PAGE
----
The consequences of teasing the person sitting next to you on the plane by hitting their seat

Travel Tip: If you want your neighbor to not recline their seat, don’t bang on the seat because if you do, you may find out that your laptop is broken.

Passenger slams airplane seat, prompting man in front of him to slam seatback… broken laptop computer

During the Joe Rogan Experience podcast, Canadian martial artist Firas Zahabi shared an incident on an airplane. The man behind him banged his seat, probably because he was leaning back. Zahabi leaned further back and broke the man’s laptop (unintentionally, he claims).

My conclusion is clear: don’t hit the seat in front of you.

Trust me, I feel like it from time to time. While I generally believe a person has the right to recline their seat on an airplane, I’ll make an exception for meal times. With some vans, it’s almost impossible to eat your meal with the seat reclined in front of you. As a courtesy, everyone should fold up their seatbacks during mealtimes, even if they are not eating.

So yes, if someone hits my seat, I will leave my seat reclined or recline further. I don’t reward petty behavior.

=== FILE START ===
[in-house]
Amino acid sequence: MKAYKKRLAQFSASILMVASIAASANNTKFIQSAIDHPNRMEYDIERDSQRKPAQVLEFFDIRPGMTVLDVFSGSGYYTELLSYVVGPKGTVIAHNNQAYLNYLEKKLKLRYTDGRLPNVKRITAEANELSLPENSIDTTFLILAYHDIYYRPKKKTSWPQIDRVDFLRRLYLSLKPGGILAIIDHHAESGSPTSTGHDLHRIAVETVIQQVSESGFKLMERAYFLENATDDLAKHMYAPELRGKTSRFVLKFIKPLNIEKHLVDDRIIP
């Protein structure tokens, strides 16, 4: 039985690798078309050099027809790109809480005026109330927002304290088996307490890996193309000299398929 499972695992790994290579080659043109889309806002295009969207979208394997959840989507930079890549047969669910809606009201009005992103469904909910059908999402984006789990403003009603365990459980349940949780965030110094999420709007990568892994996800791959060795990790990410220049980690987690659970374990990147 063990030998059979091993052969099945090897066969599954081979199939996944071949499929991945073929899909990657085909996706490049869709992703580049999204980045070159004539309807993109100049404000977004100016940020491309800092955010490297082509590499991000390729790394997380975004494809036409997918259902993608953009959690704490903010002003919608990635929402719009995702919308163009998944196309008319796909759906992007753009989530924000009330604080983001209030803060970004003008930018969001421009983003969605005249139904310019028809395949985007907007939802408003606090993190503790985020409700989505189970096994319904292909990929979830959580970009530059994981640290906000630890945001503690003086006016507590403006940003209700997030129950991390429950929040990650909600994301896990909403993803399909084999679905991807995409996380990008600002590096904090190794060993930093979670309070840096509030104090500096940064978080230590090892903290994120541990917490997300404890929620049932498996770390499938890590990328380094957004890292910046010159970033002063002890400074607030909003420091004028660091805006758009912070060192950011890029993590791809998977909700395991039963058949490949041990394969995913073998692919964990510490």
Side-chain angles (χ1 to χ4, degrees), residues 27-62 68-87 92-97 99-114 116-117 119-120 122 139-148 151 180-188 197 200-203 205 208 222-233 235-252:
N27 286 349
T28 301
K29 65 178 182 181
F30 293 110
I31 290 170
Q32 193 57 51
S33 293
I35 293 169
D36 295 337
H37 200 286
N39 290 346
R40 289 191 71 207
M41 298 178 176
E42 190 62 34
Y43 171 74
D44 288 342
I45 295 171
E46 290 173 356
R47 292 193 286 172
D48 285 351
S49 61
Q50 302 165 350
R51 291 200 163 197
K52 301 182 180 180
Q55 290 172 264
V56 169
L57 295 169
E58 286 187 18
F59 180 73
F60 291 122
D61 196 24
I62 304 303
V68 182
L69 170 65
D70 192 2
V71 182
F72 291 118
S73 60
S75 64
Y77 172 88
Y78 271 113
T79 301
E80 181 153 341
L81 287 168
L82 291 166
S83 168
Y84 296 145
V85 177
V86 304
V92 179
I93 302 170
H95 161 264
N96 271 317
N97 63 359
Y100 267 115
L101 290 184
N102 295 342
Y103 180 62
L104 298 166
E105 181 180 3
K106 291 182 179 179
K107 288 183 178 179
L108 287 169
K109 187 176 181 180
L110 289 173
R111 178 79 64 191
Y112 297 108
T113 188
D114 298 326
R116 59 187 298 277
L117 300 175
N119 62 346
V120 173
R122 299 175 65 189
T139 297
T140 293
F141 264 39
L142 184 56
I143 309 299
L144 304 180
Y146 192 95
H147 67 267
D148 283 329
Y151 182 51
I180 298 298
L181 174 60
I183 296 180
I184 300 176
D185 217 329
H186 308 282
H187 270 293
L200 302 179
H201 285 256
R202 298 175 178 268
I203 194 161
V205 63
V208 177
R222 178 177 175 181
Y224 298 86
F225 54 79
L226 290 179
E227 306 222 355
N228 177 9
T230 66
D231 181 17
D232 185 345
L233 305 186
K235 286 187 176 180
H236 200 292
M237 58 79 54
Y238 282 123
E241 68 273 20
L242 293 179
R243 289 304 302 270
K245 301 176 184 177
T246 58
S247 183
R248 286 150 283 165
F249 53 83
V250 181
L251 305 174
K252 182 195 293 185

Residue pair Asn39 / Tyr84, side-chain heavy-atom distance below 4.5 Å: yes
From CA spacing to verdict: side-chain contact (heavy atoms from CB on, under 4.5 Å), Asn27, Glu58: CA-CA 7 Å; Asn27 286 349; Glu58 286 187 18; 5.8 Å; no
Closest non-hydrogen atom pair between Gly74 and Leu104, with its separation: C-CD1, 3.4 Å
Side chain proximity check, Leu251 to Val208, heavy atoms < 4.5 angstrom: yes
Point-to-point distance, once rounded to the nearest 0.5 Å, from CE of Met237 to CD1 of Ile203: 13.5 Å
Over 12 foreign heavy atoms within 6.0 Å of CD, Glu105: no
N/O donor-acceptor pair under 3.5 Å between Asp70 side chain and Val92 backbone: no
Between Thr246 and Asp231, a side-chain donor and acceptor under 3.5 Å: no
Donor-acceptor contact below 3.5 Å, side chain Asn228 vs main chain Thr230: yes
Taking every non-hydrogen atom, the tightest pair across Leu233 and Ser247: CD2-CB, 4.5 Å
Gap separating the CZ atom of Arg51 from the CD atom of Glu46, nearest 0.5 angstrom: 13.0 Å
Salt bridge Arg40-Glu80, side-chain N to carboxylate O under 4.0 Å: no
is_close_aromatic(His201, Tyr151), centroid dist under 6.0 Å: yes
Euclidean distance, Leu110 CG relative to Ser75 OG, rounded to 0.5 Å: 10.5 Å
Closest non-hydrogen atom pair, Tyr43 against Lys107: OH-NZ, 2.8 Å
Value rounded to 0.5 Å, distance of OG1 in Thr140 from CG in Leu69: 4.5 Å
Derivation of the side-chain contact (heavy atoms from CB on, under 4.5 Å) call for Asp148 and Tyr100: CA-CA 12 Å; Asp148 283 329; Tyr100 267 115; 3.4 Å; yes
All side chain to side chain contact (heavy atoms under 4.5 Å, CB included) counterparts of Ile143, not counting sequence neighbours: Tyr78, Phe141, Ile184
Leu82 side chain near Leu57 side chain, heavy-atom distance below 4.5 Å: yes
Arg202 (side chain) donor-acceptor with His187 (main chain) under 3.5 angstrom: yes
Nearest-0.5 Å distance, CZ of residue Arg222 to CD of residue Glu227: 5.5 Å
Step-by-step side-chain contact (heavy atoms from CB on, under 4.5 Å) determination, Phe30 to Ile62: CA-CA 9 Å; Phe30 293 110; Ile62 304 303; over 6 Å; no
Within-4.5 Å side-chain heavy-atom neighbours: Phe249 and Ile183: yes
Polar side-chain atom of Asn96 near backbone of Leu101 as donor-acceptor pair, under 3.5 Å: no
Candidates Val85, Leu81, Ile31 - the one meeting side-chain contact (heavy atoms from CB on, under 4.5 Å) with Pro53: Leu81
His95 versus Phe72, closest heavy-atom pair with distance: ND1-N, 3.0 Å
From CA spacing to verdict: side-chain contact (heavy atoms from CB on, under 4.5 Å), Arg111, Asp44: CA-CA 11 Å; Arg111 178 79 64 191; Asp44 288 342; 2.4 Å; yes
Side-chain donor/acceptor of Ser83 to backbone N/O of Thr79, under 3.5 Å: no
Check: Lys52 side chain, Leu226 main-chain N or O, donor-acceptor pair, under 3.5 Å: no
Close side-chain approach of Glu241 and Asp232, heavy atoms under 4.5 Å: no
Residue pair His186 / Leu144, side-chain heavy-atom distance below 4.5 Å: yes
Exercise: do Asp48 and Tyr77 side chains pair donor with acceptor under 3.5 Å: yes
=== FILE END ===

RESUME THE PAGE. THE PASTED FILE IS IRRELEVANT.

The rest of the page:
I don’t think Zahabi wanted to smash the guy’s laptop. Part of me is glad he did though, because it’ll teach the guy behind him not to bump into the seat.

If the person’s seat is reclined in front of me during the meal, I will usually politely ask if they can wait there to recline until the meal is over. This always works, even though the passenger once slept so soundly that I asked the flight attendant to wake him up. Again, this shouldn’t be petty, but because even if you recline yours, it becomes very difficult to eat with the seat reclined.

My laptop almost broke once when the person in front of me quickly leaned back. That was many years ago and ever since then I’ve always tilted the laptop screen so that it doesn’t “snag” and therefore crack and break when the person in front of me leans back without warning and quickly.

Also, when I recline, I always recline very slowly, giving the person time to move it if a laptop or other electronic device is in use.

CONCLUSION

Tapping the seat in front of you increases the likelihood that the person (regardless of their disposition) will recline or recline their seat further. If you politely ask me not to sit back I will consider it, but if you come across my seat there is no way I will honor your request. And if I have to break your laptop, I won’t do it on purpose, but I won’t shed tears if I do…

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